This was the first of our lead-up shows to the big Neon Trees High School Benefit Show. We got to play some brand new songs for the first time, and I was a bit under the weather. Unfortunately we were losing Steve Coy to Wisconsin, so old chum Joey Briggs stepped in to play drums for the week. The venue was a mid-sized bar in Santa Monica with a decent stage that even had a piano. There was mostly family in the audience, and we were reminded that Damien’s full-sized Peavey keyboard was not going to be practical for smaller stages. The evening concluded with Johnty and I sharing stories with a highly intoxicated German traveler. (Alex?)
We arrived early to load in, so as not to interrupt the play that was happening in the actual theater next door. I had actually been excited in anticipation of this show, which rarely happens. Damien and I fraternized with Ben Grey of Dear Boy, who kept being dragged into conversation despite his attempts to rest his voice. Soft Swells opened, and by Dear Boy’s set the place was packed. We opted to not use our glorious sign, as it lit the stage to almost daylight. An unidentified bass error resulted in an extended mix of Best Summer Ever, complete with an improvised ass dance by Wayne, Francis and Steve. We played two new songs, “Watch Yr Back” and “Ledger’s in the Red.”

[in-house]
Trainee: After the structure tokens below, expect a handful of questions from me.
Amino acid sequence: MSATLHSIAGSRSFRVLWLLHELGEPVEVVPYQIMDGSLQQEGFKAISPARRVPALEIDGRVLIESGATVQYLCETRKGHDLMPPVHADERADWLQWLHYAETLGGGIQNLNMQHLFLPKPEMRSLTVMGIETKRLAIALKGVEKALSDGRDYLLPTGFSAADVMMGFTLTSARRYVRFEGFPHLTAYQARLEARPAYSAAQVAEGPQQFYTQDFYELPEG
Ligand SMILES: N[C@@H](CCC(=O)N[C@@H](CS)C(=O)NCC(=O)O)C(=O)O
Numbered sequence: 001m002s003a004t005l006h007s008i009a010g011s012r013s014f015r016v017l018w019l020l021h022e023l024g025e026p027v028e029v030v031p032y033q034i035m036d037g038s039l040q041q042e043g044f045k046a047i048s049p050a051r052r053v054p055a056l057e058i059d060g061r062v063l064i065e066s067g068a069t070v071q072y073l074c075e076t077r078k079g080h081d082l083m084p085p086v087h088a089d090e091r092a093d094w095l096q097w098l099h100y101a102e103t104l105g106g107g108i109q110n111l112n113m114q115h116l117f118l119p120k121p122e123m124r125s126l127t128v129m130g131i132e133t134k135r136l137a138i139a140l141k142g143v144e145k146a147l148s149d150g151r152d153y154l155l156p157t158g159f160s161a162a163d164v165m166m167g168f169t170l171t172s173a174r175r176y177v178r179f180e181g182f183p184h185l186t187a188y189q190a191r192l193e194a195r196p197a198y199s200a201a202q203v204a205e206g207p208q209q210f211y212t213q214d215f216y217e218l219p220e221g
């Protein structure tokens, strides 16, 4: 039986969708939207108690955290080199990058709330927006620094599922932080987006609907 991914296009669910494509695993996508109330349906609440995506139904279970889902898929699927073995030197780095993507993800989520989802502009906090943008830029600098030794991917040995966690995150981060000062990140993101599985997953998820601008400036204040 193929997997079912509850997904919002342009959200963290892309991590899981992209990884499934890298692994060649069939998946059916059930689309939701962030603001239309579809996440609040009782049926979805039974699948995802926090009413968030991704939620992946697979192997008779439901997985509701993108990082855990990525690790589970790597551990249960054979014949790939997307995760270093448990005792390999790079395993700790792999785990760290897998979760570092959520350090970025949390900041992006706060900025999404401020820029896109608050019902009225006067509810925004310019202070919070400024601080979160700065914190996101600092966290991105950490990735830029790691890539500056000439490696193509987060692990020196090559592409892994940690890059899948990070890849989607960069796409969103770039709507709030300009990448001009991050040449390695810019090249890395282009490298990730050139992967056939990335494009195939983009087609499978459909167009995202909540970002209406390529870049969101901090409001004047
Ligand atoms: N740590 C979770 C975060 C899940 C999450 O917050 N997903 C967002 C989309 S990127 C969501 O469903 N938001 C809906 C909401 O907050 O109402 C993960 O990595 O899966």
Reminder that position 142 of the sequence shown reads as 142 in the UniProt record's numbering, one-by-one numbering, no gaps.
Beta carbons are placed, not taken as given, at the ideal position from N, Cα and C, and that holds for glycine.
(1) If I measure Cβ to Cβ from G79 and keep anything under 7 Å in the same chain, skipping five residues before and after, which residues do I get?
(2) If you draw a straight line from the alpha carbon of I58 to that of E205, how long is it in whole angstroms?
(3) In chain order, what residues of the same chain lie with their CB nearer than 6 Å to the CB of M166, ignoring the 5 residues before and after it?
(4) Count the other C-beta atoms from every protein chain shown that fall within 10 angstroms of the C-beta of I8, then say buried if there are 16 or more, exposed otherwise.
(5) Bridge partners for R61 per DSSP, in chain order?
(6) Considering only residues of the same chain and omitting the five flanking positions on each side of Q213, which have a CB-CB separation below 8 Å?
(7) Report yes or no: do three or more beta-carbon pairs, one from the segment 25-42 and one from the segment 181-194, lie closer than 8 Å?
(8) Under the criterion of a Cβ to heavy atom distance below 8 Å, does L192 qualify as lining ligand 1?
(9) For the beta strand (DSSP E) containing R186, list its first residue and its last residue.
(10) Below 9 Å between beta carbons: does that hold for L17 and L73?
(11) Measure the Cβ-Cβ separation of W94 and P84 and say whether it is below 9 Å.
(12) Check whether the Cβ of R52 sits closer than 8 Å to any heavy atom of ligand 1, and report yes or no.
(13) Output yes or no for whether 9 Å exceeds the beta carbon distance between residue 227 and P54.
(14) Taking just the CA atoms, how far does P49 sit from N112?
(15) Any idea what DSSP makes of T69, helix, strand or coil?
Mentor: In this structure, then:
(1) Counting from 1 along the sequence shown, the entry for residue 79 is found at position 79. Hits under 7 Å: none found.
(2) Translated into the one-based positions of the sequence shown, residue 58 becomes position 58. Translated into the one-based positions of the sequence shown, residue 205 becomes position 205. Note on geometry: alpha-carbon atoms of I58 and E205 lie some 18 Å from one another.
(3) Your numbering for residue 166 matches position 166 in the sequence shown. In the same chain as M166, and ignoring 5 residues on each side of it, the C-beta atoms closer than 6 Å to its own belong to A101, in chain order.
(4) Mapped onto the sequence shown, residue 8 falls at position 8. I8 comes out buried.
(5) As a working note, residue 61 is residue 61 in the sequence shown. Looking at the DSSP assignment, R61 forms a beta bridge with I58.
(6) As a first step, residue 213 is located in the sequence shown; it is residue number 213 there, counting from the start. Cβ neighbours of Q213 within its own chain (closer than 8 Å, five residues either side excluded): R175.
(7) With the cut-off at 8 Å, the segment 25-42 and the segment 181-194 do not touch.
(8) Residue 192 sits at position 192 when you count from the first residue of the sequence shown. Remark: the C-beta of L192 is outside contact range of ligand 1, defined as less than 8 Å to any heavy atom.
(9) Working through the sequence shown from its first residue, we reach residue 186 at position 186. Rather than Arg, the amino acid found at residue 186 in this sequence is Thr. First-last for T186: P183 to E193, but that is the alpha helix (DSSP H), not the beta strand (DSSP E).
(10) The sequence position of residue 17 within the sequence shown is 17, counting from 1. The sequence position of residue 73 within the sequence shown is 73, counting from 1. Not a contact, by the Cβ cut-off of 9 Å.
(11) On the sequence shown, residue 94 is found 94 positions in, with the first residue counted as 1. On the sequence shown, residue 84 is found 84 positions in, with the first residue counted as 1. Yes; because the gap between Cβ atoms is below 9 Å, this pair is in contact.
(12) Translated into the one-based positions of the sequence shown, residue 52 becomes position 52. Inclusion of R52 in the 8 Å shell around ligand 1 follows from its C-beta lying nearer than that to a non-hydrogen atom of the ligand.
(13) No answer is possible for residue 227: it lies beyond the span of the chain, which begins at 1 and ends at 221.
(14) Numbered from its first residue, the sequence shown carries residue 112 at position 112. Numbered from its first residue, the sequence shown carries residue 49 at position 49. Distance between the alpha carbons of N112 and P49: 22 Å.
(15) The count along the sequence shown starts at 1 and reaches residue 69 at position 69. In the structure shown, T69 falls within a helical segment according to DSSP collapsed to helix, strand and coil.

Holy Fuck. This was an INCREDIBLE show. The show was headlined by Crash Kings, and also playing were Light FM and Bethpage Black.We promoted the Hell out of this one, and between the efforts of us and Steve Coy of Bethpage Black we managed to sell it out, the first sold out Active Set show.
When we took the stage there were already so many people; it was very exciting. We played a good set, although I never felt quite settled in. I wanted to play for much much longer. The stage was a clusterfuck of equipment. It felt like Guitar Center, as the preferred stacking everything back to front to ‘save time.’ Castro had to be squeezed in off center. However, the night was full of excitement and definitely legendary in my mind.
We played with a James Honeycutt, but I didn’t see him. Heck, he might not have played. Our set was well-received, and I felt a tense “in the moment” feeling combined with an awkward “why am I here?” chaser. Oh live performance…
Wicklow Atwater and the Fallen Flame were after us, and they were a fantastic bluegrass hoedown kind of band, with a singer who jumped around and had a perfect whiskey snarl. Excellent stuff.